In addition to the polymers of the present invention, the rubber stock may contain conventional additives including fillers, pigments, zinc oxide, stearic acid, accelerators, sulfur vulcanizing agents, stabilizers, antidegradants, processing oils, tackifiers, plasticizers, waxes, prevulcanization inhibitors, extender oils, and the like. Representative of suitable fillers include carbon black, silica, titanium dioxide and clay which are typically added in amounts ranging from about 25 to about 125 phr depending on the application of the stock. Representative of conventional accelerators are amines, guanidines, thioureas, thiazoles, thiurams, sulfenamides, dithiocarbamates and xanthates which are typically added in amounts from about 0.2 to 5 phr. Representative of sulfur vulcanizing agents include elemental sulfur (free sulfur), or sulfur donating vulcanizing agents, for example, dithiocarbamate, polymeric polysulfide or sulfur olefin adducts. The amount of the sulfur vulcanizing agent will vary depending upon the type of rubber and particular type of sulfur vulcanizing agent but generally from about 0.1 phr to about 5 phr with a range of from about 0.5 to about 2 being preferred. Representative of the antidegradants which may be used in the rubber stock include monophenols, bisphenols, thiobisphenols, polyphenols, hydroquinone derivatives, phosphites, phosphate blends, thioesters, naphthylamines, diphenylamines as well as other diarylamines derivatives, para-phenylene diamines, quinolines and blended amines. Antidegradants are generally used in an amount ranging from about 0.10 phr to about 10 phr. Representative of processing oils which may be used in the rubber stock include highly aromatic oils, aliphatic-naphthenic aromatic resins, polyethylene glycol, petroleum oils, ester plasticizer, vulcanized vegetable oils, pine tar, phenolic resins, petroleum resins, polymeric esters and rosins. These processing oils may be used in conventional amounts ranging from about 0 to about 45 phr.
A rubber stock containing the polymer of the present invention may be used to form a number of composites including tires, belts, shoe soles, or hoses. Preferably, the composite is a tire.
The following examples are used to illustrate and not limit the present invention. All parts are by weight unless specifically stated otherwise.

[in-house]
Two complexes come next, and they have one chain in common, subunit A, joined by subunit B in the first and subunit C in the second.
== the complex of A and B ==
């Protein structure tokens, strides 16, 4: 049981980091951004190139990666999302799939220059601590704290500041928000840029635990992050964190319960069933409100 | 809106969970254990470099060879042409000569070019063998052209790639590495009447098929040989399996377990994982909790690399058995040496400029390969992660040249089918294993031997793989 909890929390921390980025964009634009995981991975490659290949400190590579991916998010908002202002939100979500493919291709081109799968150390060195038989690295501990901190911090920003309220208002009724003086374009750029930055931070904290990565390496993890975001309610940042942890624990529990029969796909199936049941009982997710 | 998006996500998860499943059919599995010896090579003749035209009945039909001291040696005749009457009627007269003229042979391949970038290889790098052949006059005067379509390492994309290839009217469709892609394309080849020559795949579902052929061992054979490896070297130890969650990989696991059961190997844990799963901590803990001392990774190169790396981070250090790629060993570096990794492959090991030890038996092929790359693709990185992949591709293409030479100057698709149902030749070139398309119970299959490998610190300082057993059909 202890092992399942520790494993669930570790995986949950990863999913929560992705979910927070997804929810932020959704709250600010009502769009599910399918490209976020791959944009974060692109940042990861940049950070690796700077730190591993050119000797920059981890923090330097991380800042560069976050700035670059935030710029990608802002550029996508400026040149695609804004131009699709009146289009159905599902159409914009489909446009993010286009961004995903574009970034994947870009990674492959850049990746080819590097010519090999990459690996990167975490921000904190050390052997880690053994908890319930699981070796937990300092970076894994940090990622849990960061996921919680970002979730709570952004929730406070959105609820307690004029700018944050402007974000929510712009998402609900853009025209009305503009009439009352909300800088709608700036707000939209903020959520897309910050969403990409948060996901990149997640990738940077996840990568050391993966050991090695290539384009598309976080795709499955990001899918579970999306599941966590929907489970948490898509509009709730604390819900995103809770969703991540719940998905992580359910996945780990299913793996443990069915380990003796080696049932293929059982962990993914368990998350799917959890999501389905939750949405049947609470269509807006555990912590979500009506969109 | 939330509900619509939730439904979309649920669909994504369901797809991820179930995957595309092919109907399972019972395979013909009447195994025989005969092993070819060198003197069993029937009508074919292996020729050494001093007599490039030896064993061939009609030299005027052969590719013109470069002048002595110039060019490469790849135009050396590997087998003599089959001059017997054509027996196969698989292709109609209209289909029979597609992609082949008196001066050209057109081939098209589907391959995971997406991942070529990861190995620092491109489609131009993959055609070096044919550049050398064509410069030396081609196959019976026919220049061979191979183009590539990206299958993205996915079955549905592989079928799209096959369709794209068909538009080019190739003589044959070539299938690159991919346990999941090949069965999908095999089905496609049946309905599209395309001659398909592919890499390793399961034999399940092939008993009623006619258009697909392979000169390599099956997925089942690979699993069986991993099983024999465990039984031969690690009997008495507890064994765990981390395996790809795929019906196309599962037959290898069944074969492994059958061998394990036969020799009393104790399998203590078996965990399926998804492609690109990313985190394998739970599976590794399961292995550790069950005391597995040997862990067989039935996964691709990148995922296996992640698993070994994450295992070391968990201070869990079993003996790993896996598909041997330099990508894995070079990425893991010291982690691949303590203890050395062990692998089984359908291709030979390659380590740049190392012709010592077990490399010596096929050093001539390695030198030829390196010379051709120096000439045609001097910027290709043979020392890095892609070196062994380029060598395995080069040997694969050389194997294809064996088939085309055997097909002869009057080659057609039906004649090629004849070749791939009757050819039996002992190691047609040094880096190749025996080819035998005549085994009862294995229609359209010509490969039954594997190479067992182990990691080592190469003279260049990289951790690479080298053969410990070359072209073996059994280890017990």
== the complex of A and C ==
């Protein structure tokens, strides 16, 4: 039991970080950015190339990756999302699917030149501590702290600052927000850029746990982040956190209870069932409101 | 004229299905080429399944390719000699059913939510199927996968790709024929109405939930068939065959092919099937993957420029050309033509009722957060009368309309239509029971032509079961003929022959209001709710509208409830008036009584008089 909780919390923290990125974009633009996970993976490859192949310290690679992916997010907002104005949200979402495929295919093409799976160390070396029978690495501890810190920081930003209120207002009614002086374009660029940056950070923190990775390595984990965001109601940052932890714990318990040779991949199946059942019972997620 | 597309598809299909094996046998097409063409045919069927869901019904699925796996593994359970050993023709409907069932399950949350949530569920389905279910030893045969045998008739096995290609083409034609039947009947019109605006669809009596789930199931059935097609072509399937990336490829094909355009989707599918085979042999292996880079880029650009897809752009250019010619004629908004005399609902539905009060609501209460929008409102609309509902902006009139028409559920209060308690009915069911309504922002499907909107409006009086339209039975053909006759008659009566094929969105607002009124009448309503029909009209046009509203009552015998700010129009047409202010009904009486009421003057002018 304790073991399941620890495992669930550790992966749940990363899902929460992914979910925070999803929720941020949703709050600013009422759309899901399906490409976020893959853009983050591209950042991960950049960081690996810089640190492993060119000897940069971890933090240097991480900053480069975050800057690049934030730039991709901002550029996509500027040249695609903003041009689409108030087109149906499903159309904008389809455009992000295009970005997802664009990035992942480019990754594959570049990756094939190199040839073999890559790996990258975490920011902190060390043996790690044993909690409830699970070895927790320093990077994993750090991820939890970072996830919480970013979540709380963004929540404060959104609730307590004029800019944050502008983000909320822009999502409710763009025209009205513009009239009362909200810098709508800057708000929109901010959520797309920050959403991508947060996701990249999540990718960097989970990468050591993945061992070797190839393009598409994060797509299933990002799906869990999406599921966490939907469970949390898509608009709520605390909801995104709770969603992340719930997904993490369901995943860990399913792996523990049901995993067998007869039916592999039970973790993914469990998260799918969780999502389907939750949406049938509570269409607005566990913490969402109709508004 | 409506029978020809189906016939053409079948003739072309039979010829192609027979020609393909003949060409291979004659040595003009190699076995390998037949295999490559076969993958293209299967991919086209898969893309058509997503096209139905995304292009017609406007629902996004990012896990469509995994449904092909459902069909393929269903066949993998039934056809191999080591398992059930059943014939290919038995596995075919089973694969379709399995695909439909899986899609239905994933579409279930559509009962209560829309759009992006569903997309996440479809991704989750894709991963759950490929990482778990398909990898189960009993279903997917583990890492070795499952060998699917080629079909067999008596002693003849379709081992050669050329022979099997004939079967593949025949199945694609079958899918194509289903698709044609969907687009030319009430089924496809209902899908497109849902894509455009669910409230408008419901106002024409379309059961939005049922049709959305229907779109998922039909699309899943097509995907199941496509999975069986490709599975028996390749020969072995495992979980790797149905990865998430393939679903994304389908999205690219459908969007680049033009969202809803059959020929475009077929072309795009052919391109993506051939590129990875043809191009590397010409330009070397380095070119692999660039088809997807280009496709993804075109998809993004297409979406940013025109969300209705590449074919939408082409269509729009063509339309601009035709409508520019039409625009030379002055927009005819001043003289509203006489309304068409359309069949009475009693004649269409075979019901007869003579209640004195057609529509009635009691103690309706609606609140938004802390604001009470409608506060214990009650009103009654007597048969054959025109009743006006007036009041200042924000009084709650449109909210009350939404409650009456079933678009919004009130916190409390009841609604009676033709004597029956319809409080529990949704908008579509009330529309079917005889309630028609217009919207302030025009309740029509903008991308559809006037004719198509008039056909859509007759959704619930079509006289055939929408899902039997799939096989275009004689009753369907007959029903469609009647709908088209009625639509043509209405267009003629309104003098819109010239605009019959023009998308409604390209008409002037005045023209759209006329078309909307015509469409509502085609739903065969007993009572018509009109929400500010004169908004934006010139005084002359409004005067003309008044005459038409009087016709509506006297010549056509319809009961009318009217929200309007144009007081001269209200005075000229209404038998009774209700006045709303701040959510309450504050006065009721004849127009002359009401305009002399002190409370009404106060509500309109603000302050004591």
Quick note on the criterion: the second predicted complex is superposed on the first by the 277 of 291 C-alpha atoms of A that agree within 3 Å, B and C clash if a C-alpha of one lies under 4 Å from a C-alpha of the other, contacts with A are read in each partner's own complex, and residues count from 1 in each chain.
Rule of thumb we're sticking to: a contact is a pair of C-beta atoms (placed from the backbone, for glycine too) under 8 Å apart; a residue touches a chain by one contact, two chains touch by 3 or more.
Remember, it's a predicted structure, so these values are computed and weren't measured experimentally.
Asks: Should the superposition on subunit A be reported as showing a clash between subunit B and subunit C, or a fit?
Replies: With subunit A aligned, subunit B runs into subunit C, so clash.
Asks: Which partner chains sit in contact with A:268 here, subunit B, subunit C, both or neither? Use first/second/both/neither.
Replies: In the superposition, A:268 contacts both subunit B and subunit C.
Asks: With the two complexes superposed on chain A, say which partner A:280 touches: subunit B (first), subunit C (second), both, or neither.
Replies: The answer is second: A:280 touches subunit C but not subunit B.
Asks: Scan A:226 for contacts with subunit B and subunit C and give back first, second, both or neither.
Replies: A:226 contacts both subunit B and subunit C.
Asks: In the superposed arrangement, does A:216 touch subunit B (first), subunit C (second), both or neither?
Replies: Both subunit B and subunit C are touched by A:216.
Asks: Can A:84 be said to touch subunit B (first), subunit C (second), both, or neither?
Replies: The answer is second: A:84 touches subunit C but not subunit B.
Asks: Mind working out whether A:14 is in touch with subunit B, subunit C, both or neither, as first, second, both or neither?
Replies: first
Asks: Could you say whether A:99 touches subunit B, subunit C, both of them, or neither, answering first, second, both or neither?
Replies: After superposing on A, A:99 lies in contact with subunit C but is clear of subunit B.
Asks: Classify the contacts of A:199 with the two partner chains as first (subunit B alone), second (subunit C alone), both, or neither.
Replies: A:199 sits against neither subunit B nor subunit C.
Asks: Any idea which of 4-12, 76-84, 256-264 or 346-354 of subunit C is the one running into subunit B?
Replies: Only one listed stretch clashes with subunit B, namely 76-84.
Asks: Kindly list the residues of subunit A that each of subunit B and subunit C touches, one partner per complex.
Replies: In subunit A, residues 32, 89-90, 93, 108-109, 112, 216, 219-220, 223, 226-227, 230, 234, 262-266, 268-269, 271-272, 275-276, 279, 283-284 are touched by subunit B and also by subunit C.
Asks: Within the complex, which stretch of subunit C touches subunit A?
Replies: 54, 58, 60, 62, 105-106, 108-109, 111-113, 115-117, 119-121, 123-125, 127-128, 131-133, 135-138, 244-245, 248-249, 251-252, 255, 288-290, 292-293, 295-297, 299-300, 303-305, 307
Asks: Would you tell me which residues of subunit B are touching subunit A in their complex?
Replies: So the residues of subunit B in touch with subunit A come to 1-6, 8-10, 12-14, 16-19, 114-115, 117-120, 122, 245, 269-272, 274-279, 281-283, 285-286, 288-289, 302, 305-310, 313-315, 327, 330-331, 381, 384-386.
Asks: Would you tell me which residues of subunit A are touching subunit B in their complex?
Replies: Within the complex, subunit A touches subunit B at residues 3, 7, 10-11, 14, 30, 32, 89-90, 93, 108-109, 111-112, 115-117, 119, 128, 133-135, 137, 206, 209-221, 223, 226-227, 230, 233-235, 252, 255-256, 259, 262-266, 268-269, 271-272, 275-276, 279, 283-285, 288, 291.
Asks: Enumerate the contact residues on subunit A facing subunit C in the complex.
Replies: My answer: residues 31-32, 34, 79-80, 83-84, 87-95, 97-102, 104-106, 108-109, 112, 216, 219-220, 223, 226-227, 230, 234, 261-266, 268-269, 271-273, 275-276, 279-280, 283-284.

To a ten gallon reactor which had been evacuated under reduced pressure, a solution of 17.62 kg of water, 16.1 grams of the sodium salt of condensed naphthalene sulfonic acid (85% active), 40 grams of tripotassium phosphate, 400 grams of a mixture of the potassium soap of disproportionated rosin acid and the sodium salt of hydrogenated mixed fatty acids was added, and the pH of the solution was adjusted to 10-11 with 10 weight percent sodium hydroxide solution. Next, a solution of 475 grams of water, 2.9 grams of the tetrasodium salt of ethylenediaminetetraacetate (40%), 0.73 grams of ferrous sulfate heptahydrate, and 4.0 grams of sodium formaldehyde sulfoxylate was added. Then 3.9 kg of styrene, 227.5 grams of acrylonitrile, 9.1 grams of tert-dodecyl mercaptan and 4.54 kg of 1,3-butadiene were added. The reaction mixture was cooled to 10° C. and a solution of 8.3 grams of para-menthane hydroperoxide (55% active) and 91 grams of styrene was added. The remaining acrylonitrile was incremented into the polymerization mixture as follows: 136.5 grams at 20% conversion, 91 grams at 38% conversion, and 91 grams at 53% conversion. The mixture was agitated at 250 rpm. The polymerization was shortstopped with a solution containing 386 grams of water, 144 grams of sodium dimethyldithiocarbamate (40% active), and 5.4 grams of N,N-diethylhydroxylamine at 68% conversion. The residual 1,3-butadiene was degassed, and the residual styrene and acrylonitrile were removed by steam stripping for 3 hours at 50° C. The resulting latex had a pH of 11.2, % solids of 19.1%, residual styrene of 0.05%, and residual acrylonitrile content of 0% (by GLC method). To 750 grams of the stripped latex, 2.5 grams of Wingstay® 29 and 1.25 grams of Polygard™ [tris(nonylphenyl)phosphite] antioxidants were added. The latex was then coagulated by pouring slowly into a hot (75° -80° C.) solution of 3,000 grams of water, 15 grams of sodium chloride and 2.4 grams of a polyamine at a pH of 3 to 4. The resulting wet rubber crumb was dried in a forced air oven at 65° C. The dry rubber had a Mooney viscosity (100° C.) of 138, a bound acrylonitrile content of 6.4 weight percent (by Carlo Erba nitrogen analysis), a bound styrene content of 36.4 weight percent (by FTIR analysis), and a glass transition temperature of -28.5° C. (by DSC, Differential Scanning Calorimetry).